“All of humanity’s problems stem from man’s inability to sit quietly in a room alone”
— Blaise Pascal
One of my goals with the Landscapes for Learning project is to draw more attention to the need for an explicitly taught wisdom curriculum for high schoolers as a counter balance to all the demands of the external landscape put upon kids today.
To become wise is to know oneself– one’s essential or fundamental self which is always in a state of becoming and might be creatively developed throughout life. This essential self is foundational to the more social self—roles we play in the practical world, the expectations of others we try to meet. If we can help kids live from the inside out early on in their young lives, they may just be able to stay true to themselves– to their authentic selves so that they always have shelter, a home, to which they can return when life on the external landscapes get challenging.
One way to travel one’s inner landscape is through meditation. Meditation and mindfulness practice has become trendy recently, and it is useful as a relaxation tool, but it’s also an avenue to something deeper– to enter into the world of the essential self.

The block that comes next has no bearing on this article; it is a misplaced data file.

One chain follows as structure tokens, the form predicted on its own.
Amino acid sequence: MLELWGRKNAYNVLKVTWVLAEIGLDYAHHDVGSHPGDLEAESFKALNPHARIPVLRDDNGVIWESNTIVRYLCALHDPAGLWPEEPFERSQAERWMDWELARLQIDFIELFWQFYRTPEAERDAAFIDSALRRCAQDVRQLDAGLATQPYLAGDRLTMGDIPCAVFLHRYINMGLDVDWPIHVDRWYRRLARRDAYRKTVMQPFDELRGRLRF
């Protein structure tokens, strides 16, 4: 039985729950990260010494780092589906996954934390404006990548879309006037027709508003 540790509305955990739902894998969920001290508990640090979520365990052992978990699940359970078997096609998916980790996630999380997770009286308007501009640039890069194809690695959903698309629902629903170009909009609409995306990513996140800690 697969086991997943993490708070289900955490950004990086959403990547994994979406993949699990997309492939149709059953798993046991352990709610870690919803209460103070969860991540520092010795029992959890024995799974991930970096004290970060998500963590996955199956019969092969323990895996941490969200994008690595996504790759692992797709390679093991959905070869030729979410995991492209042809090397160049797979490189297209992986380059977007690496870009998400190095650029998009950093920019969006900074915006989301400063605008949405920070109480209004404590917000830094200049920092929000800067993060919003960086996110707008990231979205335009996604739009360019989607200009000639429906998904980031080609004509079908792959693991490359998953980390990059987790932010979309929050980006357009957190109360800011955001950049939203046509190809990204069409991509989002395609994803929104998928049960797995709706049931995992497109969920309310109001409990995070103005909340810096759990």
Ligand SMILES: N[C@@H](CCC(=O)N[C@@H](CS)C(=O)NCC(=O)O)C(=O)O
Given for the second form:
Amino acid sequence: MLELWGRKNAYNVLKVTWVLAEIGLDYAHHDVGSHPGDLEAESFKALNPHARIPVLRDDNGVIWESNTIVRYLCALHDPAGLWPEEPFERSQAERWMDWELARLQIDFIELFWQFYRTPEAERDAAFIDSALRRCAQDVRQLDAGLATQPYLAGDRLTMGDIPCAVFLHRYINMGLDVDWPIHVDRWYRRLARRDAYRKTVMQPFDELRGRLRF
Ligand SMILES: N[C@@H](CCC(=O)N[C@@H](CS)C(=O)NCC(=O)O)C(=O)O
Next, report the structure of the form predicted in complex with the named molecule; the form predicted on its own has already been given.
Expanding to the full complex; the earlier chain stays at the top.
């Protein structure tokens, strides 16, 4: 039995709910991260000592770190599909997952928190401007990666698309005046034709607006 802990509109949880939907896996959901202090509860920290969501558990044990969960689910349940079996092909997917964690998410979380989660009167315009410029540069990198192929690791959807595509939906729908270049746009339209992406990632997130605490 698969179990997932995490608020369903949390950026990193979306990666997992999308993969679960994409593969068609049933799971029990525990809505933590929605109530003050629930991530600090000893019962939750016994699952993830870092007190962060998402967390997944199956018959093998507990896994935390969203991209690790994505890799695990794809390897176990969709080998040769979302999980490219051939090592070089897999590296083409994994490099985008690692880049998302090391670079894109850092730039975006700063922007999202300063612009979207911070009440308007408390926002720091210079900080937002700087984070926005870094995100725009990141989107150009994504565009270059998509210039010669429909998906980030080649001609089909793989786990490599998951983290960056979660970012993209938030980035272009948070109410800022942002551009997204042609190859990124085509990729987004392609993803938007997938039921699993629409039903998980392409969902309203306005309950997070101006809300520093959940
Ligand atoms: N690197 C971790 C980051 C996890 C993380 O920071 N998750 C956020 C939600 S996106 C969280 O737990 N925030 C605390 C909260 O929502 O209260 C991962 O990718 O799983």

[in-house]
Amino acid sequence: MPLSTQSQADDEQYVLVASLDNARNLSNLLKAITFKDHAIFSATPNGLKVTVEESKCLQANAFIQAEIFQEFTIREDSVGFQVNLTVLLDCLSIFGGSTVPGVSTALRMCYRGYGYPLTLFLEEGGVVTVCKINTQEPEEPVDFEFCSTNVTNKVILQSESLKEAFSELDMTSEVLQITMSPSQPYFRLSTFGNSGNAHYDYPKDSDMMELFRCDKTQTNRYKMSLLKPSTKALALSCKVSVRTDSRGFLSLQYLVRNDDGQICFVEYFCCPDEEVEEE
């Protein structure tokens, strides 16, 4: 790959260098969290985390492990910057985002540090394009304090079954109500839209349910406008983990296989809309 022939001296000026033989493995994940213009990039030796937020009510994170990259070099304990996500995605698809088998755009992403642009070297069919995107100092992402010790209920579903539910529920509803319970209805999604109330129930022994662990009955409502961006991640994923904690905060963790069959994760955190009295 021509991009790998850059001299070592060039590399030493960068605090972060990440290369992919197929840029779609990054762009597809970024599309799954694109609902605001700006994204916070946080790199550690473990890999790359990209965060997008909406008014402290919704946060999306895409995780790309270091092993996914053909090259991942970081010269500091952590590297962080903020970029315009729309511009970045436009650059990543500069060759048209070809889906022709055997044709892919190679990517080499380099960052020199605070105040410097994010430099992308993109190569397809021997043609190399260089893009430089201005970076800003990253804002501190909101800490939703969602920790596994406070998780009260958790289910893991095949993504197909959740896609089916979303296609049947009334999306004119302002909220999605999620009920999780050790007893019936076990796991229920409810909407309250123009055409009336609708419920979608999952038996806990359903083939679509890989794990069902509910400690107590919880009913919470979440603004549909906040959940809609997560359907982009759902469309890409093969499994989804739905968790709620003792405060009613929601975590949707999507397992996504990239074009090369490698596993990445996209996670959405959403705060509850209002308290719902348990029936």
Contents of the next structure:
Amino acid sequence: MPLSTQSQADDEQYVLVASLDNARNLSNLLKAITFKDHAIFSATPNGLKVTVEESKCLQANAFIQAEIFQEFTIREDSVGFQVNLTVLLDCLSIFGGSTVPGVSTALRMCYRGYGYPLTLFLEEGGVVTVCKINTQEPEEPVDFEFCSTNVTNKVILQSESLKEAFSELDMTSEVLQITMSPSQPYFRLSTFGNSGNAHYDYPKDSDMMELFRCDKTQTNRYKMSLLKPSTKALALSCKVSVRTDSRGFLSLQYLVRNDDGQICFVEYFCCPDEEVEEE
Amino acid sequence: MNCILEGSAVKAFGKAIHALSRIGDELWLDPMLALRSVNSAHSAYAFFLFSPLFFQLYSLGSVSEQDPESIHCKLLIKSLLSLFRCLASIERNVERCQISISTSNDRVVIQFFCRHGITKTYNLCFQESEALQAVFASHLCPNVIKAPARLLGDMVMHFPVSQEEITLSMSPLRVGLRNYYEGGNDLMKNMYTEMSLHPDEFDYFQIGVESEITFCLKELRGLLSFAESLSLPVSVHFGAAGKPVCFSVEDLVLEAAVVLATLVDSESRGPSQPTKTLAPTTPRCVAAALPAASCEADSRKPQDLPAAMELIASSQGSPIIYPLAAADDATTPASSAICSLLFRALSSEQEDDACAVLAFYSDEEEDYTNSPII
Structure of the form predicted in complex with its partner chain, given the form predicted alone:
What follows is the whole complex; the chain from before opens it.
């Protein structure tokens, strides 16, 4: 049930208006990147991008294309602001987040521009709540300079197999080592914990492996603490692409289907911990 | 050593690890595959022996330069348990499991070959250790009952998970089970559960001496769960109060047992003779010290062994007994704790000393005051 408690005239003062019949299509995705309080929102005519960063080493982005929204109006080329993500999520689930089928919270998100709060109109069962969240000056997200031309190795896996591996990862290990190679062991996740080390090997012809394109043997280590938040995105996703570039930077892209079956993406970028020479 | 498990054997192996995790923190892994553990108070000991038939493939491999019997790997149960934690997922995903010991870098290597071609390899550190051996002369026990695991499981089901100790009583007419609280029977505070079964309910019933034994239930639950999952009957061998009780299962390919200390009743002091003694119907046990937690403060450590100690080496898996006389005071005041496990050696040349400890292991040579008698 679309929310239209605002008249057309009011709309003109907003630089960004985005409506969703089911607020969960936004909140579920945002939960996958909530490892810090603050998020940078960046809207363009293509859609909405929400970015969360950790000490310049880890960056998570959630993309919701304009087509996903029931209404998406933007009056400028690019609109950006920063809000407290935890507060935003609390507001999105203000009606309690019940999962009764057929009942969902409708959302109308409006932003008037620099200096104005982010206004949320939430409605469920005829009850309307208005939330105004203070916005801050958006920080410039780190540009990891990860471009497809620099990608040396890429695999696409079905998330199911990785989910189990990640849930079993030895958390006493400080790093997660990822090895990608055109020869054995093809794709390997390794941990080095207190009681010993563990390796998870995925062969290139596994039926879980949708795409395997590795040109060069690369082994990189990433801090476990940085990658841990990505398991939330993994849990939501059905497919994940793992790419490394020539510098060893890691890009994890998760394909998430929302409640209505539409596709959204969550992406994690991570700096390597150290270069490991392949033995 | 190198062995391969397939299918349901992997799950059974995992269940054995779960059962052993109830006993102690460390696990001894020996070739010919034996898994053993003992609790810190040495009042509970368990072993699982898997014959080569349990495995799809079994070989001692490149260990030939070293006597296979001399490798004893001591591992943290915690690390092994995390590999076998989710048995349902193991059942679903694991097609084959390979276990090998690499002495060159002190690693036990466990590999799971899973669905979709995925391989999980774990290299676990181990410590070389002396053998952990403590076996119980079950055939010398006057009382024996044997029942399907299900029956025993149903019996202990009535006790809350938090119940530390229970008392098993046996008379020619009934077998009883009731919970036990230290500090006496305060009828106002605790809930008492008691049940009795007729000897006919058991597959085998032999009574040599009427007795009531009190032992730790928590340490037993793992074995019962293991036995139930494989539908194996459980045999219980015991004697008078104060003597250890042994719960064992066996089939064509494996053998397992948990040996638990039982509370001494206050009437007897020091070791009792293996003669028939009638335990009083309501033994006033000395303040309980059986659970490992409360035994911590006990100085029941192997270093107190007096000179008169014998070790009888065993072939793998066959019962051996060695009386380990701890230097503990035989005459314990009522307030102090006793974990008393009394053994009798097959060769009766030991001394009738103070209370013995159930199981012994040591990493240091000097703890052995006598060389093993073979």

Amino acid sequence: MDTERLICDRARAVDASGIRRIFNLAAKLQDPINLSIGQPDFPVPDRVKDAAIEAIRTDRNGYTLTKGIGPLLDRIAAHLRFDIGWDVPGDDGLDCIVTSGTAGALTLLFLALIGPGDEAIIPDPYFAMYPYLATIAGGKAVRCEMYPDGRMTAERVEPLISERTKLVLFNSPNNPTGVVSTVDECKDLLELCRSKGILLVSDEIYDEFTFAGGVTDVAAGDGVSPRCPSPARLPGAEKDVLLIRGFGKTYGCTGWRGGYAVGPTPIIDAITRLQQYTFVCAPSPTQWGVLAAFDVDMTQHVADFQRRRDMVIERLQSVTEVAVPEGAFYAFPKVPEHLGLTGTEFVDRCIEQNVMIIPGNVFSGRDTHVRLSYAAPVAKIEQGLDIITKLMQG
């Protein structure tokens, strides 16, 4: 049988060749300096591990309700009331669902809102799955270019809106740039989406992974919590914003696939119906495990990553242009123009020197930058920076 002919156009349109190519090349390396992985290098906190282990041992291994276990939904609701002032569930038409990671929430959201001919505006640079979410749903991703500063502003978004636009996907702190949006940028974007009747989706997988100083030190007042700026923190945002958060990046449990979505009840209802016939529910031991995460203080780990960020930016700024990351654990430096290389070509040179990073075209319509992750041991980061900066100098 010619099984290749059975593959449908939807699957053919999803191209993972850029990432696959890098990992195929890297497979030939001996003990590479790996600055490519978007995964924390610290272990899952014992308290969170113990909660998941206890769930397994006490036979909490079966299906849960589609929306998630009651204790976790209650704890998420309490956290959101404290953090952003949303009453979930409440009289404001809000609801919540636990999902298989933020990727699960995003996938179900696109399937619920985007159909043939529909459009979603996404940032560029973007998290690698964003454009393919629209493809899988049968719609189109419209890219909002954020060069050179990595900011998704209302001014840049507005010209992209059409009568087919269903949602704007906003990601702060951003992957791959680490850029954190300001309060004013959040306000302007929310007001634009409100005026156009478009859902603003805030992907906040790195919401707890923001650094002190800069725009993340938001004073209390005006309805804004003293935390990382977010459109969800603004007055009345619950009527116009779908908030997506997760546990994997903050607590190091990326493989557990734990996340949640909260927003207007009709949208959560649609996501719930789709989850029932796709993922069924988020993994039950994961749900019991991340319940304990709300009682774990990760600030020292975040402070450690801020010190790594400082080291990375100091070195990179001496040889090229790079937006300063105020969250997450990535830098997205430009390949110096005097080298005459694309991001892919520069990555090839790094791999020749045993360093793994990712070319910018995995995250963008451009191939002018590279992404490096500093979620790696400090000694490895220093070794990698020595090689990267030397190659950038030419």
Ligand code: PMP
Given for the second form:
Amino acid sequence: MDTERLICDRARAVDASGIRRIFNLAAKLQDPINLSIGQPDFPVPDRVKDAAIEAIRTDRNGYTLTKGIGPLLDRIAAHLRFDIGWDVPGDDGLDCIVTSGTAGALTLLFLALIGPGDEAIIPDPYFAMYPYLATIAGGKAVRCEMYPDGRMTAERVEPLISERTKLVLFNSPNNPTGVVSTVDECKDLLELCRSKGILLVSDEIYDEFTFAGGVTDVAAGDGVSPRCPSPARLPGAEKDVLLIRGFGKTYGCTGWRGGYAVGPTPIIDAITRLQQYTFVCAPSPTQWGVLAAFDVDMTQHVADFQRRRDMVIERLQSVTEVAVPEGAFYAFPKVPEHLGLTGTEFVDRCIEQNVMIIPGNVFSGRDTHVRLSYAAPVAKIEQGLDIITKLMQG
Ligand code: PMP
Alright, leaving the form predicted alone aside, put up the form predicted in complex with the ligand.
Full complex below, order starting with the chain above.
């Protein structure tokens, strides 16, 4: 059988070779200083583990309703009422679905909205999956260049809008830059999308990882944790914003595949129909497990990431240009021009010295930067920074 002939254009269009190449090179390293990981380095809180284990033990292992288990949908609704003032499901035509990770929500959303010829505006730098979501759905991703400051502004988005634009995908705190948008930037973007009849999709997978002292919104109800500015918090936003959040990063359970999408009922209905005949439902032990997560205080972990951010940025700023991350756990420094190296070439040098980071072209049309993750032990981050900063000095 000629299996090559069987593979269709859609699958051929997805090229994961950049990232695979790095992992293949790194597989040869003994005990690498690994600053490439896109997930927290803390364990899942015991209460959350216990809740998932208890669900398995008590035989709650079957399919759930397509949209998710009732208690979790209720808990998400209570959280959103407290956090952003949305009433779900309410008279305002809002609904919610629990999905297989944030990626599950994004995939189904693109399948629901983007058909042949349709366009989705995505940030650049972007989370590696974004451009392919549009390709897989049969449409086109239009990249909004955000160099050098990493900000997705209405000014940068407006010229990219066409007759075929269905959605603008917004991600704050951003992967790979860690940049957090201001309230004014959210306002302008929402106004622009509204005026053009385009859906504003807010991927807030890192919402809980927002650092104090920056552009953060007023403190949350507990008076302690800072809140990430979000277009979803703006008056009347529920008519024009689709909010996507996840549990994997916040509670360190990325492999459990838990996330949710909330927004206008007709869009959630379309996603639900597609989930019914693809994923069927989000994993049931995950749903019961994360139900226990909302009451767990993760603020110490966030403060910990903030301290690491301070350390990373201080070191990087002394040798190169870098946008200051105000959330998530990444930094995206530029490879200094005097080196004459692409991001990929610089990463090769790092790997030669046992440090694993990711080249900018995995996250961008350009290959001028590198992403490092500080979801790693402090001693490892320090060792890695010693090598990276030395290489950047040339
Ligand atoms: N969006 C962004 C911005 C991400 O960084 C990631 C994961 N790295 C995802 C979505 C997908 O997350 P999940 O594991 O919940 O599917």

Allen Gaskell has been practicing meditation regularly for many decades, as well as practicing yoga, forest-bathing (which he didn’t know had that name until recently!), white-water rafting, and other outdoor immersion activities. He is a former Mental Health Counselor who worked in prisons, within the court system, and created a counseling center at Salem State University. He also worked for many years with Veterans with PTSD. A Vietnam Veteran (3 Tours of duty in reconnaissance and wounded in action), Allen enthusiastically enlisted in the military after high school in N.Y. and later attended college to study comparative religion at the University of Vermont. Shortly after, he stumbled across a book about Vipassana and the rest is meditation and mindfulness history.
He recently completed a 90-day silent retreat this past fall, so I was curious about what that experience was like and thought others might be interested as well. He talks with me about the value of meditation in his life, especially today in a very noisy and busy external landscape.
We talk about the workings of our minds when we observe it through meditation or yoga practice, thoughts about why, how, and who ought to be teaching about the inner landscapes, how to “sell” suffering to others or invite them into self-reflection and self-awareness, and how to learn more about our own humanity to recover it from a life in a technological-consumerist culture.
I loved our almost entirely unedited two-hour conversation! Enjoy.